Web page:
Visual proof was revealed earlier today that Bill and Hillary Clinton were at least casually infected with the Rev. Jeremiah Wright virus when the Chicago minister visited the White House on 9.11.98 for a gathering for religious leaders. The Huffington Post is reporting that Hillary, “according to her recently-released schedule for the day, was also present at the gathering.” Inviting a seething hate-monger to this event obviously reflects on the flawed character and judgment of the Clintons.
If anyone has a copy of Brad Ingelsby‘s The Low Dwellers, the script that Ridley Scott and Leonardo DiCaprio plan to make into a film sometime down the road, please shoot up a flare. The combination of the words “heated bidding war” and “echoes of The History of Violence and No Country for Old Men” in Steven Zeitchik‘s 3.21 Hollywood Reporter story have triggered the usual intrigues.
“Set in Indiana in the mid-1980s, the story centers on a man (DiCaprio) trying to assimilate into society after he’s released from jail, only to find someone from his past pursuing him to settle a score,” Zeitchik’s summarizes. (If this had been made in 1950, it would have been a Robert Mitchum movie.) “In addition to the pursuer, a third male character and a female love interest are said to figure prominently,” blah, blah.
I love the part about Ingelsby being “a twentysomething working as an insurance salesman in Pennsylvania” who “[worked] on the script in his spare time and has yet to step foot in Hollywood…but he has hit the spec jackpot, with the project selling for mid-six against low-seven figures.” Hah!
DiCaprio and Scott will co-produce, with the latter obviously directing and Leo starring. They recently wrapped Body of Lies for Warners. DiCaprio will next make Shutter Island with Martin Scorsese directing. Scott’s next film is (ugh!) Nottingham, the Robin Hood drama that will portray Russell Crowe‘s Sheriff of Nottingham as a cool good guy. (As long as he loses 50 pounds.)
Every famous black comic who’s ever performed in a club or a concert hall (Chris Rock, Richard Pyror, Eddie Murphy, Bill Cosby, Bernie Mac…anyone) has joked about dorky white-people behavior, and every time they do this white audiences throw their heads back and howl. I’ve been to clubs and concerts, seen this time and again. Whites love being lampooned because there’s obviously some imbedded truth involved (as with all good humor) and it’s a relief to just kick back and recognize it. And yet Barack Obama describes his white grandmother in candid, matter-of-fact terms as a “typical white person” — i.e., suspicious and uncertain where black folks are concerned — and he gets jumped on by the TV commentators.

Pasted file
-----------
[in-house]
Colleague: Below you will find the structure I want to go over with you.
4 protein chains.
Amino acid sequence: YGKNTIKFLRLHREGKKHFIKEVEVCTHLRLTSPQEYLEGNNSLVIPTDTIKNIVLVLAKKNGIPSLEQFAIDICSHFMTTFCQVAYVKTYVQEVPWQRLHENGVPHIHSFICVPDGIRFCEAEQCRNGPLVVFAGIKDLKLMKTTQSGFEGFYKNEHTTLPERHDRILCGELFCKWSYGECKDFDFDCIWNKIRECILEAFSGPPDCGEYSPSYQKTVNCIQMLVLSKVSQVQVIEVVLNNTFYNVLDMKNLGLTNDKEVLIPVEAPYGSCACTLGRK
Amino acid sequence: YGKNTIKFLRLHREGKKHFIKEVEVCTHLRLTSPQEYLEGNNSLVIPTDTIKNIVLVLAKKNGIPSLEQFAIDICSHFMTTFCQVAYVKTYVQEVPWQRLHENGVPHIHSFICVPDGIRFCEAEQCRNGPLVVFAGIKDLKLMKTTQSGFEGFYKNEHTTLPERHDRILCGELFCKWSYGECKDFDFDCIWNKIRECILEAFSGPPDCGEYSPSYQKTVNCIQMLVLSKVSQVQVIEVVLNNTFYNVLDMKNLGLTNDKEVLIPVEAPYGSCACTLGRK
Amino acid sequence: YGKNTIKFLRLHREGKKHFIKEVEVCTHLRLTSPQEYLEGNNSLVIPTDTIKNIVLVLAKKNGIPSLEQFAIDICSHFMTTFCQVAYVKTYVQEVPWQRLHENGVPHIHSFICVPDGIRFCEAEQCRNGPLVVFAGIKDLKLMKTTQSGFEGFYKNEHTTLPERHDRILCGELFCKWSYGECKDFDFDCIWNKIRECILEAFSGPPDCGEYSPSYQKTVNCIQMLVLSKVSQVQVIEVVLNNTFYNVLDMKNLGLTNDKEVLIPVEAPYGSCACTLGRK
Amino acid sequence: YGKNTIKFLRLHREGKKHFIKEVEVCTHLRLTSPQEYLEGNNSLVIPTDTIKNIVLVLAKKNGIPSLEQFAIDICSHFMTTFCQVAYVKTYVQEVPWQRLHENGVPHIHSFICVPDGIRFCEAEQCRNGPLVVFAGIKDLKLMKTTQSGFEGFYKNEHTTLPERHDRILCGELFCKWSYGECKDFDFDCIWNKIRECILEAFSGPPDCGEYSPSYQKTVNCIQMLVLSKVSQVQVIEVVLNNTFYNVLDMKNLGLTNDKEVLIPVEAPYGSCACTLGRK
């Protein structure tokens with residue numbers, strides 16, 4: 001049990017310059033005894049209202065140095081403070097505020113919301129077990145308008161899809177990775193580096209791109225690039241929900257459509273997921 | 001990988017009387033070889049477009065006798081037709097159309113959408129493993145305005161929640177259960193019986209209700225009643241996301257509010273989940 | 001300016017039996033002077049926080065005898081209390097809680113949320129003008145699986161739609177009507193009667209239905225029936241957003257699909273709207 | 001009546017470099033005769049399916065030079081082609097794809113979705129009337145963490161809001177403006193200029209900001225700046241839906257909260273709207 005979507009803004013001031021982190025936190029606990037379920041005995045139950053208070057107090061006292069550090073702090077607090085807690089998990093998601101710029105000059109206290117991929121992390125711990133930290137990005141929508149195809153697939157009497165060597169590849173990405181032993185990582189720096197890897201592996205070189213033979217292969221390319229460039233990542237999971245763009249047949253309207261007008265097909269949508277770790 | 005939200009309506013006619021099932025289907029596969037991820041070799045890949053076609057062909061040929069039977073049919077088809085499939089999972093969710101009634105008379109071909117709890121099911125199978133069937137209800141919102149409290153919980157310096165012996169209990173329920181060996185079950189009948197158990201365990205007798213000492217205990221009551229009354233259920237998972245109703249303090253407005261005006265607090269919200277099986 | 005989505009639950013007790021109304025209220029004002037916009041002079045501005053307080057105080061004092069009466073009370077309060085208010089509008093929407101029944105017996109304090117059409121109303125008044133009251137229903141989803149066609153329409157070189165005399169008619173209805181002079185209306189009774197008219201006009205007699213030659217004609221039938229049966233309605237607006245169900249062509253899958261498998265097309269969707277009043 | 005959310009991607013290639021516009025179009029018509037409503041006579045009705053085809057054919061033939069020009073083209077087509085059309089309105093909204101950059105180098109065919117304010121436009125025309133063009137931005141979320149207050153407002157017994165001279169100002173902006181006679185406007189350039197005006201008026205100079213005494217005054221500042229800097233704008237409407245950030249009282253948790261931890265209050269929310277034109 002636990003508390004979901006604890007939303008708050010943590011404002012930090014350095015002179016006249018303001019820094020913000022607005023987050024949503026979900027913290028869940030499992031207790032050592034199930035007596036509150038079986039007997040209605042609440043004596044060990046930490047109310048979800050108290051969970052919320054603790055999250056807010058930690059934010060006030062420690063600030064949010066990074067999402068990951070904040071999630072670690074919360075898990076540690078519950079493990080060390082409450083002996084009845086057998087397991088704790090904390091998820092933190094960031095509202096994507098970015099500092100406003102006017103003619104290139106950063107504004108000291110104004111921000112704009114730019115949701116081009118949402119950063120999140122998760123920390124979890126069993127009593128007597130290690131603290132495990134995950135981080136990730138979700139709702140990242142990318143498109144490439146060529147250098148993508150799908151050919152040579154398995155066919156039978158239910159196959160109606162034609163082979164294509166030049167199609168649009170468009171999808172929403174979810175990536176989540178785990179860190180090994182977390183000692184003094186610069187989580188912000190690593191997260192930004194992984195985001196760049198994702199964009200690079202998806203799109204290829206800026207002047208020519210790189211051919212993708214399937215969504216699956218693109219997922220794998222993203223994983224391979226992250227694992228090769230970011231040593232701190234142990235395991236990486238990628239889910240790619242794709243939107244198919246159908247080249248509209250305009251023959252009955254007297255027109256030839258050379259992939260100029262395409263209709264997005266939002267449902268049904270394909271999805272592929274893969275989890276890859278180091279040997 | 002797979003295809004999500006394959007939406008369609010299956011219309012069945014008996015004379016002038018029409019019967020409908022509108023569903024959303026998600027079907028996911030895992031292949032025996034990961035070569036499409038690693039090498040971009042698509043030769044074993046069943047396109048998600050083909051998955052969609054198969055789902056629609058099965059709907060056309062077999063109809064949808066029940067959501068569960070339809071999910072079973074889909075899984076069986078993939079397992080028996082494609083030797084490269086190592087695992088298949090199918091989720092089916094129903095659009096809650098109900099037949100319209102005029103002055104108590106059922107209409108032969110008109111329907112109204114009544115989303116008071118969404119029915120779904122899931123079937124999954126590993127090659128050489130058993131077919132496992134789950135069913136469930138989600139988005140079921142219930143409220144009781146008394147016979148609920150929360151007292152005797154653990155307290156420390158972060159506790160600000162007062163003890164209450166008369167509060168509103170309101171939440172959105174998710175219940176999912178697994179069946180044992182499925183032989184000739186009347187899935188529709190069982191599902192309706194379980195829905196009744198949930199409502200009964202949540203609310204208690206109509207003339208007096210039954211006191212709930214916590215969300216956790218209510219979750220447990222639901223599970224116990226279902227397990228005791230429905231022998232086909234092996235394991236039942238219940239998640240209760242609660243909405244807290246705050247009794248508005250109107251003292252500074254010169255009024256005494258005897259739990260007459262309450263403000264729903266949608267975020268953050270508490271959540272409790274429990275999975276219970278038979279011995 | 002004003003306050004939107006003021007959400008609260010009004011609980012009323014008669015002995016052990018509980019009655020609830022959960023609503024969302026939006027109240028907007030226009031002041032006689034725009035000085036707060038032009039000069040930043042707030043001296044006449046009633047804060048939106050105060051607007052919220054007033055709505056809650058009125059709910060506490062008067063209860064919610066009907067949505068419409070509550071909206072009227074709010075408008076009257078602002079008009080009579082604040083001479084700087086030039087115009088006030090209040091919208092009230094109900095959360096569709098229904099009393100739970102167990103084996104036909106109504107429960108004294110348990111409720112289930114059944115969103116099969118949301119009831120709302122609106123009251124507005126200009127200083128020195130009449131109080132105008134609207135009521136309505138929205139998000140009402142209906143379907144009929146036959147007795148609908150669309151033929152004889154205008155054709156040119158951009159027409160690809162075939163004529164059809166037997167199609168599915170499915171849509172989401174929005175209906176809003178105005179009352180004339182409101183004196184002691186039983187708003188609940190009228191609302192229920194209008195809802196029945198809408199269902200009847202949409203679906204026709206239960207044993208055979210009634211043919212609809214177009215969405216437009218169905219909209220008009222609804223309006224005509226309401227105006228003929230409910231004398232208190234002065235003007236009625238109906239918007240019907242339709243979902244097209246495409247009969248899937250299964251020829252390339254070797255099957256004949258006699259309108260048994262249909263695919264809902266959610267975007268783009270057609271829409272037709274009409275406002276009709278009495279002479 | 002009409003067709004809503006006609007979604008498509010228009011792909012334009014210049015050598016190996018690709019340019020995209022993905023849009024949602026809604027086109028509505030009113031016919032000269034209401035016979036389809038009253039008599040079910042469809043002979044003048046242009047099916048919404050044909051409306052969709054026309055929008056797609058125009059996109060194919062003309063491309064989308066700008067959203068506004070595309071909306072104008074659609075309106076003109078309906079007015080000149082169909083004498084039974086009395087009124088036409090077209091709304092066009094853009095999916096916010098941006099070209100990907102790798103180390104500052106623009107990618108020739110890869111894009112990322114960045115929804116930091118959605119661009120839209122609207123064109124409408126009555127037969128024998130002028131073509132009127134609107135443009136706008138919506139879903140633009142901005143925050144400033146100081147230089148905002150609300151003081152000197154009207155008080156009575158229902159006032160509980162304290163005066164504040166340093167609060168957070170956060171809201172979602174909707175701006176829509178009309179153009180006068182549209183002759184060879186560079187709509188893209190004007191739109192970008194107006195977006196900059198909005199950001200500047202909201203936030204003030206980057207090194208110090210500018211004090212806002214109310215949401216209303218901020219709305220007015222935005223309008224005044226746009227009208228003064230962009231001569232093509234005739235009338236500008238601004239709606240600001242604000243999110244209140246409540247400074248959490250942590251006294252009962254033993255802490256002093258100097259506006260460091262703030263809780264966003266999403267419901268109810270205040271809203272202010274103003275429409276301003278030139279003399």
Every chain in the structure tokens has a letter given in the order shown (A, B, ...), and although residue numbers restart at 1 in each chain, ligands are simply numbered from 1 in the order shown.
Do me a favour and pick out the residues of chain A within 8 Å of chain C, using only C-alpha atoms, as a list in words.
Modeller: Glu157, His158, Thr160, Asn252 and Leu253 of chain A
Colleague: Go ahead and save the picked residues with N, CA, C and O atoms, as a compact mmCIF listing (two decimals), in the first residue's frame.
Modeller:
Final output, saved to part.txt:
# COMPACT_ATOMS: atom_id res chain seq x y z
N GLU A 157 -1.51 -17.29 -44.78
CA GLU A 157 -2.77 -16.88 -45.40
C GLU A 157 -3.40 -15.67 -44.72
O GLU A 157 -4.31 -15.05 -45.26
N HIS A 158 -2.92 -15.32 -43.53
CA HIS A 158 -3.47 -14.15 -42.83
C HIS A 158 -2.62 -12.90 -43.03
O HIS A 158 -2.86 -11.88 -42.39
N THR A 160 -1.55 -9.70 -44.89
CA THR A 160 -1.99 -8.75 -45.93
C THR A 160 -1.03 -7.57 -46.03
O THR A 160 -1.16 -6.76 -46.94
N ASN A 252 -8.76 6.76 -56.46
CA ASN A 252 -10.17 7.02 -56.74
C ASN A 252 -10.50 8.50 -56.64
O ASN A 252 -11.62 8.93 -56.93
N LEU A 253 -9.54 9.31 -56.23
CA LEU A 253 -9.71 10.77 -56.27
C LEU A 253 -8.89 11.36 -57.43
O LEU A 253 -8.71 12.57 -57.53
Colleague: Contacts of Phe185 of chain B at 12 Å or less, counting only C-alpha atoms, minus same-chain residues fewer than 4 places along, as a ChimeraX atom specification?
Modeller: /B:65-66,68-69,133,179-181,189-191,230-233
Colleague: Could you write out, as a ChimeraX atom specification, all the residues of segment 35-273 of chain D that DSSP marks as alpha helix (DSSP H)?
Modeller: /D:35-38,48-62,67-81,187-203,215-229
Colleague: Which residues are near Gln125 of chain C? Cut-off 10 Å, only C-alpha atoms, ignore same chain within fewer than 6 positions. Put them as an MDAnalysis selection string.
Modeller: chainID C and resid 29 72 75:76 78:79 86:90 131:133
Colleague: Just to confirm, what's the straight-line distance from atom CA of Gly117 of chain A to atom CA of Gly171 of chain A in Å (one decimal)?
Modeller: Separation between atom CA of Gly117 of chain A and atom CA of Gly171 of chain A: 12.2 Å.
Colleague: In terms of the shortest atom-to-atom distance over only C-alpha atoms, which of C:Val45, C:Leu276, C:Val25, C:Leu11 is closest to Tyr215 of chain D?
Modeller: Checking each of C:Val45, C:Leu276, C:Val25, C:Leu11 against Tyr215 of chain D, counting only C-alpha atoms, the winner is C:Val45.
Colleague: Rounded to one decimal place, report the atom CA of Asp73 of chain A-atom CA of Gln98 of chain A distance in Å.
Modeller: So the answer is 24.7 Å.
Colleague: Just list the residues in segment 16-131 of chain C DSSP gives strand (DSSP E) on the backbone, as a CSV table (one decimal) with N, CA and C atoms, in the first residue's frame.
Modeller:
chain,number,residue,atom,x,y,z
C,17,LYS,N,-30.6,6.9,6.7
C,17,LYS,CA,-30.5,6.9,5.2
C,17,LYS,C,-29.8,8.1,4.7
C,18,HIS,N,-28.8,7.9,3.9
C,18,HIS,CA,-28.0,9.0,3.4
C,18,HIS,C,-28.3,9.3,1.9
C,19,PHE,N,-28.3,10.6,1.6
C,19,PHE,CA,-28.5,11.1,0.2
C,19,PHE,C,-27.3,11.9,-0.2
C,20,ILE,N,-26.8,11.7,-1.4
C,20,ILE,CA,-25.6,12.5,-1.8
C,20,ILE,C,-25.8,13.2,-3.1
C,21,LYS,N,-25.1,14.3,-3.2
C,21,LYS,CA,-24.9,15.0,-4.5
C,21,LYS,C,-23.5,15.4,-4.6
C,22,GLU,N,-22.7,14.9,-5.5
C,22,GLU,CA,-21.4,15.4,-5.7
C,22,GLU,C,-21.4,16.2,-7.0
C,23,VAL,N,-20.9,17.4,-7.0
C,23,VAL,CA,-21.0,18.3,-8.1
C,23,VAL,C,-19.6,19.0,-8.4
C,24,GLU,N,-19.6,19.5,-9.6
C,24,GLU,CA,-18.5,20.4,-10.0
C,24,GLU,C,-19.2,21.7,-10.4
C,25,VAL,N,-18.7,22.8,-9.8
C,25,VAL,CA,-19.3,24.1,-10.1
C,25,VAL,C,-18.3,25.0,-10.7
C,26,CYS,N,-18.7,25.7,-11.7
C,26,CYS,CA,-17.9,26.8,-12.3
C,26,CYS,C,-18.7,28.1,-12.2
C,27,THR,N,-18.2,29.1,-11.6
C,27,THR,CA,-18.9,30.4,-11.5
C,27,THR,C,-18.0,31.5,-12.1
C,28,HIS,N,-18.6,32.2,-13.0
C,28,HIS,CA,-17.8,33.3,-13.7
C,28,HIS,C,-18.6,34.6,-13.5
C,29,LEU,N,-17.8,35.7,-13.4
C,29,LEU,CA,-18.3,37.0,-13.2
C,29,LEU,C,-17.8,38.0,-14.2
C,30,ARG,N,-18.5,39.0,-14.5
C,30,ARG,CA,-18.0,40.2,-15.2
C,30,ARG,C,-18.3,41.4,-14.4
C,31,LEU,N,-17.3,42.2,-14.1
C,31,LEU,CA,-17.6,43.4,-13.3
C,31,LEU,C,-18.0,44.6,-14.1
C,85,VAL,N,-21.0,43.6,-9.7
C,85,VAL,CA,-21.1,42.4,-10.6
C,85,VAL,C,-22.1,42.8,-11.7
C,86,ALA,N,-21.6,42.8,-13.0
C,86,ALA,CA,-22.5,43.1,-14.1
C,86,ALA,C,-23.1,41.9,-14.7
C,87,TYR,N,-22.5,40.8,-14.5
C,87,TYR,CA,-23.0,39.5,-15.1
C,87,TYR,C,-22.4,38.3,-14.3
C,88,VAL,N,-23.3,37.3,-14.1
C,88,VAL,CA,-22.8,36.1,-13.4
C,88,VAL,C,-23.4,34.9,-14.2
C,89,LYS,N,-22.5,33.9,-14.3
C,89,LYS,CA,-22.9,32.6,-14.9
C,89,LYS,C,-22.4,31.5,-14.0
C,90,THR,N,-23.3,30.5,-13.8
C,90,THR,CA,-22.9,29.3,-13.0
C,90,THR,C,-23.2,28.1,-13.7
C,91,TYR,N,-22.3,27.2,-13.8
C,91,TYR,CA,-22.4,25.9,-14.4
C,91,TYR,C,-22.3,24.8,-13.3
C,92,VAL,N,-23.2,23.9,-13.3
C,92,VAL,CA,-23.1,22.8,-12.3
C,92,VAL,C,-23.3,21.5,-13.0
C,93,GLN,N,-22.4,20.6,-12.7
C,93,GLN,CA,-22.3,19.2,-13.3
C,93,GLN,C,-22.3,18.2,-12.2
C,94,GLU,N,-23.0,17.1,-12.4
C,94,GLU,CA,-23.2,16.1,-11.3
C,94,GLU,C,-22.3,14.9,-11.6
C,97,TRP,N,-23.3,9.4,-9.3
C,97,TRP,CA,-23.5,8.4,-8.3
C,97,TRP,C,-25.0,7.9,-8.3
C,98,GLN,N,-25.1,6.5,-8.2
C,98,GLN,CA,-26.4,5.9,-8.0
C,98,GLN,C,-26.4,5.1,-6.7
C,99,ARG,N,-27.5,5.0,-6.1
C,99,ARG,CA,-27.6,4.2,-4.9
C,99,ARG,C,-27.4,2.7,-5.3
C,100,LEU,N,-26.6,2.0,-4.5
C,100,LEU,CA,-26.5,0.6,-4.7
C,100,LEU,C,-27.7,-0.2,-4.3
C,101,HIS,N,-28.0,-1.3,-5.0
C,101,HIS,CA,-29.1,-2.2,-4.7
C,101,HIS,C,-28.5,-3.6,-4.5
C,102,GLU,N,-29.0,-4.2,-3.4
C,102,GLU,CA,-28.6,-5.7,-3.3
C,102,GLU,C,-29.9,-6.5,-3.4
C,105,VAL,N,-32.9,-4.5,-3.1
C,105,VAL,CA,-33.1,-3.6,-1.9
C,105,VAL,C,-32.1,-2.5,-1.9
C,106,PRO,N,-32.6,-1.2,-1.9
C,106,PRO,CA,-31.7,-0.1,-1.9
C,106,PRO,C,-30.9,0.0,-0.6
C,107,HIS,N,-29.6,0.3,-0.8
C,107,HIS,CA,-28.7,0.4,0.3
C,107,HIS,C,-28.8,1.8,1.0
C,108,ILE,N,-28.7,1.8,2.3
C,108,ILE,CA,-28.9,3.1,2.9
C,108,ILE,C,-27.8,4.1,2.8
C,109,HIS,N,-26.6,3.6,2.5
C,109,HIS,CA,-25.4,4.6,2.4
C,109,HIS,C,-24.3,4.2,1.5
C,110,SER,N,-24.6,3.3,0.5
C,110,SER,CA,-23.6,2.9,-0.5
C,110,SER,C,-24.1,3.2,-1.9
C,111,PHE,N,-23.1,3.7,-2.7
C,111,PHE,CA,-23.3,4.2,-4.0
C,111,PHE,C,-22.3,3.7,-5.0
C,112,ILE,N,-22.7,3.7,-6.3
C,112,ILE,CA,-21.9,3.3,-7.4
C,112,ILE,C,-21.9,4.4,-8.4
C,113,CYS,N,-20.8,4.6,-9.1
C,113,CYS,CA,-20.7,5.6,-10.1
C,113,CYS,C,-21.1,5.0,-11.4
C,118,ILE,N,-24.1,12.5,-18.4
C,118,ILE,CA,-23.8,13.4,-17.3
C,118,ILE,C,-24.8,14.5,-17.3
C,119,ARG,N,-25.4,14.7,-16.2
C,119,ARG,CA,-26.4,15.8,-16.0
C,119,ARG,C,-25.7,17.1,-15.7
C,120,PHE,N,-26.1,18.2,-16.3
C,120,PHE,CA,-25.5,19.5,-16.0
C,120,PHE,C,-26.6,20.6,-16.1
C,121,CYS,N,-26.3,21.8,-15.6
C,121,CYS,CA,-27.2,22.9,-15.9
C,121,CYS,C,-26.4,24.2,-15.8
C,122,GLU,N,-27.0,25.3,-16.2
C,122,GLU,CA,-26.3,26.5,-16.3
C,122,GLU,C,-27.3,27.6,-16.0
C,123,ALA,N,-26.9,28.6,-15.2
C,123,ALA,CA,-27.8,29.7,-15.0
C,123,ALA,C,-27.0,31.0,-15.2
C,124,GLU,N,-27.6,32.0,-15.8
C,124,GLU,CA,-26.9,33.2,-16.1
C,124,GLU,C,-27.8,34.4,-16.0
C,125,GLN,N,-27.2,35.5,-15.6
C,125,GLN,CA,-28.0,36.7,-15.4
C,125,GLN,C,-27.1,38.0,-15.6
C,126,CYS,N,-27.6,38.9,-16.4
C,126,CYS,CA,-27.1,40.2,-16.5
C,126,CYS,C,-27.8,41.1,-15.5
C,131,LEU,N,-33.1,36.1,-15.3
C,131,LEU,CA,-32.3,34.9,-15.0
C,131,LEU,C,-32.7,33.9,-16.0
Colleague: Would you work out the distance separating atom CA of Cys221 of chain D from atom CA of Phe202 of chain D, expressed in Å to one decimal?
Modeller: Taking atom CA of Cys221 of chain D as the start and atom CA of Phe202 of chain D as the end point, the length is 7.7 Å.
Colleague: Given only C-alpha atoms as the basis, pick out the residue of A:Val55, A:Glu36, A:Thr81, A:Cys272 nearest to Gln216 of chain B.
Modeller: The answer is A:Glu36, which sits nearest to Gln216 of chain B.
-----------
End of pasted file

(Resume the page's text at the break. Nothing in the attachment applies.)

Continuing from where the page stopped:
To judge by the trailer, Vadim Perelman‘s Life Before Her Eyes (2929/Magnolia, 4.18) is some kind of turbulent-memory thriller about a suburban mom (Uma Thurman) dealing with a 15th anniversary of a Columbine-like high school shooting that killed her best friend (Eva Amurri).
The problem, for me, is that the teenaged Thurman is played by Evan Rachel Wood. How do you roll with this? How do you turn of the alarm bells would tell anyone this is biologically unfeasible? The interesting approach, of course, would have been to have Wood play both roles. (It’s not difficult to make a 19 year-old look 35.) Or better yet, digitally de-age Thurman to make her appear like she was in, say, Dangerous Liasons or Where The Heart Is. That, come to think, would be really worth seeing.
PageSix.com employed 18 editorial and support staffers? That’s a lot of people, given what that site does. Or did, I should say. Nikki Finke is reporting that the 24/7 operation is shutting down, more or less because PageSix.com can’t compete with TMZ.com. The print edition in the New York Post as well as its web page will continue, but that’s all she wrote for most of the 18.
L.A. Times reporter John Horn has considered the Owen Wilson hideaway situation — i.e., his not giving interviews for fear of being asked to discuss his alleged suicide attempt last summer. This posture has now resulted in two of his films — last fall’s The Darjeeling Limited and now Drillbit Taylor — opening sans the usual all-media promotional hoo-hah (print interviews, entertainment show chats, talk-show appearances).
So how long does this go on? Will Owen also duck Marley and Me press duties next November and December? Gutter-ball journalists are never going to let this go, and the only way to handle it is to spill it all over the stage. Stand up and talk frankly about what happened last summer and why and how it feels and blah-dee-blah.
I completely agree that talking to Matt Lauer like you would a therapist in a private session is a loathsome prospect, but Wilson has no choice. Give a big interview to someone cool and respected, or write an article about it himself and just end it. And then refuse to discuss it any further.